Stability and Resampling Methods for Clustering
July 16 - 18, 2007
Max Planck Institute for Biological Cybernetics, Tübingen, Germany
Workshop Program (as pdf
slides of all talks
Outline of the workshop topic and aims:
Model assessment is one of the most crucial aspects of statistical
data analysis problems. In particular in data clustering it is
difficult to devise reasonable tools for this purpose - the most
prominent example is the problem of choosing the number k of clusters one wants to construct.
Stability-based methods and resampling methods have become a popular
choice for model selection in clustering, which is documented by the
wealth of literature on this topic. The basic rationale of those
approaches is that valid models should be reproducible under
perturbation or resampling of the data. If high instability of models
is observed, the inferred solution does not seem to be a generally
valid model, or at least seems to have missed some important aspects
of the data.
Many scientists report that stability and resampling methods
work well for clustering model selection. Moreover, for supervised
learning there is a wealth of literature that proves that stable
classification algorithms have a good generalization performance. On
the other hand, it has recently been claimed that stability methods
for clustering can be misleading and do not necessarily work the way
people believe they do. There is still an ongoing debate on how those
results should be interpreted. But many researchers working on
clustering stability methods agree that there is a lack of theoretical
understanding for stability methods in clustering. In particular it
seems unclear in which situations stability works and what the
mechanism is which makes it a successful tool in those situations.
This lack of understanding is the motivation for holding a workshop on
stability and resampling methods for clustering. We plan to hold a
rather small workshop for specialists working on stability questions
for clustering, or on stability-related questions in other areas of
computer science or mathematics. We want to have a small number of
invited talks, but want to dedicate a considerable amount of time to
discussions. Hopefully, combining the expertise of people working on
different aspects of stability and resampling will lead to a deeper
understanding of this tool and its role with respect to clustering.
To guide the discussion, we would like to point out the following list of questions about the theory of stability methods for clustering:
- For which purposes can we use clustering stability? For example, (how) can stability be used for model selection?
- What is the mechanism which makes stability a valid tool in those situations?
- Can we characterize the situations when stability tools can be successful? Can we predict situations in which stability tools will not help at all or are misleading?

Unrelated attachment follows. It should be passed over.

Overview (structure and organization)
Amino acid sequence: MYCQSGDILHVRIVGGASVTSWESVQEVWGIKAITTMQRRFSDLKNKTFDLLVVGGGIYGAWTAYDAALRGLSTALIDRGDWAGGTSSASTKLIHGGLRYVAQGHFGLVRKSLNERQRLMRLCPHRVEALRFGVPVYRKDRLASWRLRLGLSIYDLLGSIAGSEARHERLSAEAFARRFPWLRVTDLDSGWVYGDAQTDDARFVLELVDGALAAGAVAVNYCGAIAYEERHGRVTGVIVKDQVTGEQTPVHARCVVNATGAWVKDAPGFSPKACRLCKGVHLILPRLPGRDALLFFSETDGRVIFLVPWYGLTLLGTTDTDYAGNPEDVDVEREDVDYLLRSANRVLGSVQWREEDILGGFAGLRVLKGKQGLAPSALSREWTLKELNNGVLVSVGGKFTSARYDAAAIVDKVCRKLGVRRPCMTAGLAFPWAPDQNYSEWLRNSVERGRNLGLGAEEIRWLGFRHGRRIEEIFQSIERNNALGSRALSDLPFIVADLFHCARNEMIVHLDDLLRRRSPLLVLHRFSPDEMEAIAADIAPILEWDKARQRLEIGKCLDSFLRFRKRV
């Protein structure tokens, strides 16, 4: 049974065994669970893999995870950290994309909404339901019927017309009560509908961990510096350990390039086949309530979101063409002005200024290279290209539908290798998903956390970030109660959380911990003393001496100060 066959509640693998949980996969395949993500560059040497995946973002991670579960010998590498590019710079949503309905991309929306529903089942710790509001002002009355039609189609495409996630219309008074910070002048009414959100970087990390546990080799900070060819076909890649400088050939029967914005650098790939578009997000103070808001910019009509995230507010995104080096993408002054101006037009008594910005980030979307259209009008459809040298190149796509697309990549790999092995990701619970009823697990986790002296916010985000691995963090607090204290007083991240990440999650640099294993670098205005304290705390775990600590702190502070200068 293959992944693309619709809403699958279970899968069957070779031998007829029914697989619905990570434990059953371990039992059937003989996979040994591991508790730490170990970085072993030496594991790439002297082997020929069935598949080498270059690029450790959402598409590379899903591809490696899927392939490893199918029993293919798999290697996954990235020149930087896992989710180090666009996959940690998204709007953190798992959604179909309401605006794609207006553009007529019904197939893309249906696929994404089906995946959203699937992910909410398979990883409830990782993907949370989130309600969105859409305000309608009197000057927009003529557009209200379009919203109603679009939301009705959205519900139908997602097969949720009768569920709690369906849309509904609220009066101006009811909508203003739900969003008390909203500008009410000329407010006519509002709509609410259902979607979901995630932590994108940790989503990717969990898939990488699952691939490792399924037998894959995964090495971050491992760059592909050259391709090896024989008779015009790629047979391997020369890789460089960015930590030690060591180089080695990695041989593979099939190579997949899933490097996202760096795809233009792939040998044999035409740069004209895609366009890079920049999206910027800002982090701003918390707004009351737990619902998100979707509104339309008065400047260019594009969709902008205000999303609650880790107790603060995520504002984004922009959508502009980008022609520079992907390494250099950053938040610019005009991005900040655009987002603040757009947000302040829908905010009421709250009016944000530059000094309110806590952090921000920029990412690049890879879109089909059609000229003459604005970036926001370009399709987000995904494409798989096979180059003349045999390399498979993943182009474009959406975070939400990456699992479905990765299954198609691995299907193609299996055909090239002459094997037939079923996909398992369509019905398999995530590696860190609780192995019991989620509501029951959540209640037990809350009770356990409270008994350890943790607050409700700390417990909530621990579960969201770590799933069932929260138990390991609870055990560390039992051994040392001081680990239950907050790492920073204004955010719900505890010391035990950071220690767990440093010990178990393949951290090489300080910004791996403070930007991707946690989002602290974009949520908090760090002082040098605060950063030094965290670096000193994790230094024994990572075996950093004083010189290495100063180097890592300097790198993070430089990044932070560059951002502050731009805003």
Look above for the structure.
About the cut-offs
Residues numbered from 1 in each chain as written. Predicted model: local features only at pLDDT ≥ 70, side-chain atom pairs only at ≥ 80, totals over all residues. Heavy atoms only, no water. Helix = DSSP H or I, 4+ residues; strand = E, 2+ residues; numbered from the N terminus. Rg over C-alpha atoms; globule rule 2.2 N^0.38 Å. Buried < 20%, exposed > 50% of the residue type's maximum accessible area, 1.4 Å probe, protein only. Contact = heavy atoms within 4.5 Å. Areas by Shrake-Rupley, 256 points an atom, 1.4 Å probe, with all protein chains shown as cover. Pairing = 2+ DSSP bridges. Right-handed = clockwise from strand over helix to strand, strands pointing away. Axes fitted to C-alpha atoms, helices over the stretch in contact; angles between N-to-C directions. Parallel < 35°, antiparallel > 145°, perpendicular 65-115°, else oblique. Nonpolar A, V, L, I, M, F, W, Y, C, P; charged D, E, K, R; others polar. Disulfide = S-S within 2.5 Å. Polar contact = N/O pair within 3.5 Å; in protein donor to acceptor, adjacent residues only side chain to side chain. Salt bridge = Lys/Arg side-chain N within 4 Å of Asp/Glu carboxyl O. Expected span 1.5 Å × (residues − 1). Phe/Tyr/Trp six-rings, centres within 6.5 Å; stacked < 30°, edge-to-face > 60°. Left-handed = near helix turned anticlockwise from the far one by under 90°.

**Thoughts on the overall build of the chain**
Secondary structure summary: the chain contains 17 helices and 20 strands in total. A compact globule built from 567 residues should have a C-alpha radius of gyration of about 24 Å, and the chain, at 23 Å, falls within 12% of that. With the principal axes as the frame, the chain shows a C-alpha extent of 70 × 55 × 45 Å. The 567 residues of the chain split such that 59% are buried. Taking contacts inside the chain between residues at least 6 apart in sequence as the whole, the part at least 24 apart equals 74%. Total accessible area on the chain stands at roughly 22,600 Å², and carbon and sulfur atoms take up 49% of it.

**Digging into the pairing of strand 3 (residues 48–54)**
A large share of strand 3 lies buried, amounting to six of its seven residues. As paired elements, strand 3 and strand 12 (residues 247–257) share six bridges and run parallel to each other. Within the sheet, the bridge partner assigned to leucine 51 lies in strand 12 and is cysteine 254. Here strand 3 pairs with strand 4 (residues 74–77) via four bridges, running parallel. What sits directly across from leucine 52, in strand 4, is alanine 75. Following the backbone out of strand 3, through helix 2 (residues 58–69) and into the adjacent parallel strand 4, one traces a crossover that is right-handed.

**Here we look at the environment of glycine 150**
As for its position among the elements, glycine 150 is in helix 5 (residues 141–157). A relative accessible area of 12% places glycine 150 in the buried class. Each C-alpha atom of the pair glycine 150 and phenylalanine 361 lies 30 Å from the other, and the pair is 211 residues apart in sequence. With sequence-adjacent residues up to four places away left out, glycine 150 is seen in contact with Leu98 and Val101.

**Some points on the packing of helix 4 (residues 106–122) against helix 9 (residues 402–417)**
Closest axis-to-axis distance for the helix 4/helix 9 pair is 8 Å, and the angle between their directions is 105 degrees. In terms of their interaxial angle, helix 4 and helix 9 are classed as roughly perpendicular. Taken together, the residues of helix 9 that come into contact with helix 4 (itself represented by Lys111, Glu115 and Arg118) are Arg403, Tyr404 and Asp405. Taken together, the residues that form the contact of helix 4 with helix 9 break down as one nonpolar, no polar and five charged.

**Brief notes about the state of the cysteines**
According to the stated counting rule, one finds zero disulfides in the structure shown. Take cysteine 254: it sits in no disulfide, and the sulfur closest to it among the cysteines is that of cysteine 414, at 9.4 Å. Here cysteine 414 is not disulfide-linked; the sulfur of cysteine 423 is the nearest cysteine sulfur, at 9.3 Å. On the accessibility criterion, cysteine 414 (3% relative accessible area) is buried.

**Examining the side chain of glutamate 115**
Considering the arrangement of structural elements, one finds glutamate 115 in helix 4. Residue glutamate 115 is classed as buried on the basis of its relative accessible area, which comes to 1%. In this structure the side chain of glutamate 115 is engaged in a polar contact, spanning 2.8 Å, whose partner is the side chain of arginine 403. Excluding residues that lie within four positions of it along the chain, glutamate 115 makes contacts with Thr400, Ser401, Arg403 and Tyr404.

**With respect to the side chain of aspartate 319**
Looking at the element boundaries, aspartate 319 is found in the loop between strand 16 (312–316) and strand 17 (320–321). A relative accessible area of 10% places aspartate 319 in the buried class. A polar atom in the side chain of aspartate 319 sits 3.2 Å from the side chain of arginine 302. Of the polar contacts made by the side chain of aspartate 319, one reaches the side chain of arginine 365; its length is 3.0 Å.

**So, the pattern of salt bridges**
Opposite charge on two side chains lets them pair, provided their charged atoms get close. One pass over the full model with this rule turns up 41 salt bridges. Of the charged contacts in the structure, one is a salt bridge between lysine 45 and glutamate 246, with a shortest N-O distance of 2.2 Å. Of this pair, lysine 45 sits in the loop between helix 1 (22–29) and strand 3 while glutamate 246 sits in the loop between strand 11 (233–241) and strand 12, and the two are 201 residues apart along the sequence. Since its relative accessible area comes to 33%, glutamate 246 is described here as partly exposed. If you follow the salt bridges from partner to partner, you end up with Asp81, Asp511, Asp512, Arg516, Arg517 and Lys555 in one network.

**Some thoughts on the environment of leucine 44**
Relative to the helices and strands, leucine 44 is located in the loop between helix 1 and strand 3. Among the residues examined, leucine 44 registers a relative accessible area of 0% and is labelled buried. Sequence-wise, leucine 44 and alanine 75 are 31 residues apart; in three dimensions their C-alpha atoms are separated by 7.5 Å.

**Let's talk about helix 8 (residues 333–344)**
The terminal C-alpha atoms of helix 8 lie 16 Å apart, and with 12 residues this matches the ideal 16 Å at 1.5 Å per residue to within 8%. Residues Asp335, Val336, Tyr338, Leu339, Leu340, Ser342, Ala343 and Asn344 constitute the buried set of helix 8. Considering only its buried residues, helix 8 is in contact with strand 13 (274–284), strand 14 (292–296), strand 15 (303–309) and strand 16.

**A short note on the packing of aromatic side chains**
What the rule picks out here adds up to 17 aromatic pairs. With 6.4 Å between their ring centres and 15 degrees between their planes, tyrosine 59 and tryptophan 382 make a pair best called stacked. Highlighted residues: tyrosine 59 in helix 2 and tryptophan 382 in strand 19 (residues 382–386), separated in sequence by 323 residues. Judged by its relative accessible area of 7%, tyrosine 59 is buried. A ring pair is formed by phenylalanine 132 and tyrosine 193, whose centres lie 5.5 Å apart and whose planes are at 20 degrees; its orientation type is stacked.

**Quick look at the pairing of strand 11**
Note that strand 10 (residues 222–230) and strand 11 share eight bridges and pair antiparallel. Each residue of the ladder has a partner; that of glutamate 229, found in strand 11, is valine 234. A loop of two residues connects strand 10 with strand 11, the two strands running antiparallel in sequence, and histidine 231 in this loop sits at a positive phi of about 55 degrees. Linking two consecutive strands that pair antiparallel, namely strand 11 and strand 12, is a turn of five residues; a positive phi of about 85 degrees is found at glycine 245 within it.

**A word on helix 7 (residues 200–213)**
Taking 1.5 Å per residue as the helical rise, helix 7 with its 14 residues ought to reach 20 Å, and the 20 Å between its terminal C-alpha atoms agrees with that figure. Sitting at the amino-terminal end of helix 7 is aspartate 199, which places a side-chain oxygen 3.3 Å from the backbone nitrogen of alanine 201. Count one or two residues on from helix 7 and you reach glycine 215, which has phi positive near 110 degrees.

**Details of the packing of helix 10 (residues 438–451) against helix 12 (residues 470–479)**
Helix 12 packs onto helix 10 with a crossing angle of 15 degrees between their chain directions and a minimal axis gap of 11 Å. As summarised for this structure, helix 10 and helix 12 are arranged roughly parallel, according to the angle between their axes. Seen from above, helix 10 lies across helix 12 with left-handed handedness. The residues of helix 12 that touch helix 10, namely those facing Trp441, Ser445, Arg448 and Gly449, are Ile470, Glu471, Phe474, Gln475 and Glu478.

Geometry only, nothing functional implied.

- What are the inherent limitations of stability approaches? What are assumptions we have to make?
- Joachim Buhmann, ETH Zürich, Switzerland
- Shai Ben-David, Univeristy of Waterloo, Canada
- Patrice Bertrand, ENST Bretagne, France
- Michael Kaufmann, Tübingen University
- Tilman Lange, ETH Zürich, Switzerland
- Marina Meila, University of Washington, USA
- Frank Meinecke, Fraunhofer First, Germany
- Tsuyoshi Okita, Vrije Universiteit Brussel, Belgium
- Kristiaan Pelckmans, KU Leuven, Belgium
- Volker Roth, ETH Zürich, Switzerland
- Bernhard Schölkopf, Max Planck Institute for Biological
- Ohad Shamir, Hebrew University, Israel
- Nati Srebro, TTI Chicago, USA
- Giorgio Valentini, Universita di Milano, Italia
- Zeev Volkovich, ORT Braude College, Karmiel, Israel
- Ulrike von Luxburg, Max Planck Institute for Biological
The workshop will be held at the
Max Planck House
next to the Max Planck Institute
for Biological Cybernetics in Tübingen, Germany.
Tübingen is a small university town in the south of Germany, and
is worth a visity by its own. For many links about Tübingen and
its surroundings see here.
There is a limited number of rooms in the
Max Planck Guest House, direct next to where the workshop will take place.
For other hotels in Tübingen please have a look at the
hotel page of the tourist information. In general, the institute can be reached by a 15-20 min bus ride from more or less any hotel in Tübingen.
Traveling to Tübingen:
For traveling directions see here.
If you would like to take part in the workshop, please send an email to
This workshop is being organized by Ulrike von Luxburg, Max Planck Institute for Biological Cybernetics, Tübingen, and Tilman Lange, ETH Zürich, Switzerland. It is sponsored by the PASCAL network of excellence and the MPI for Biological Cybernetics.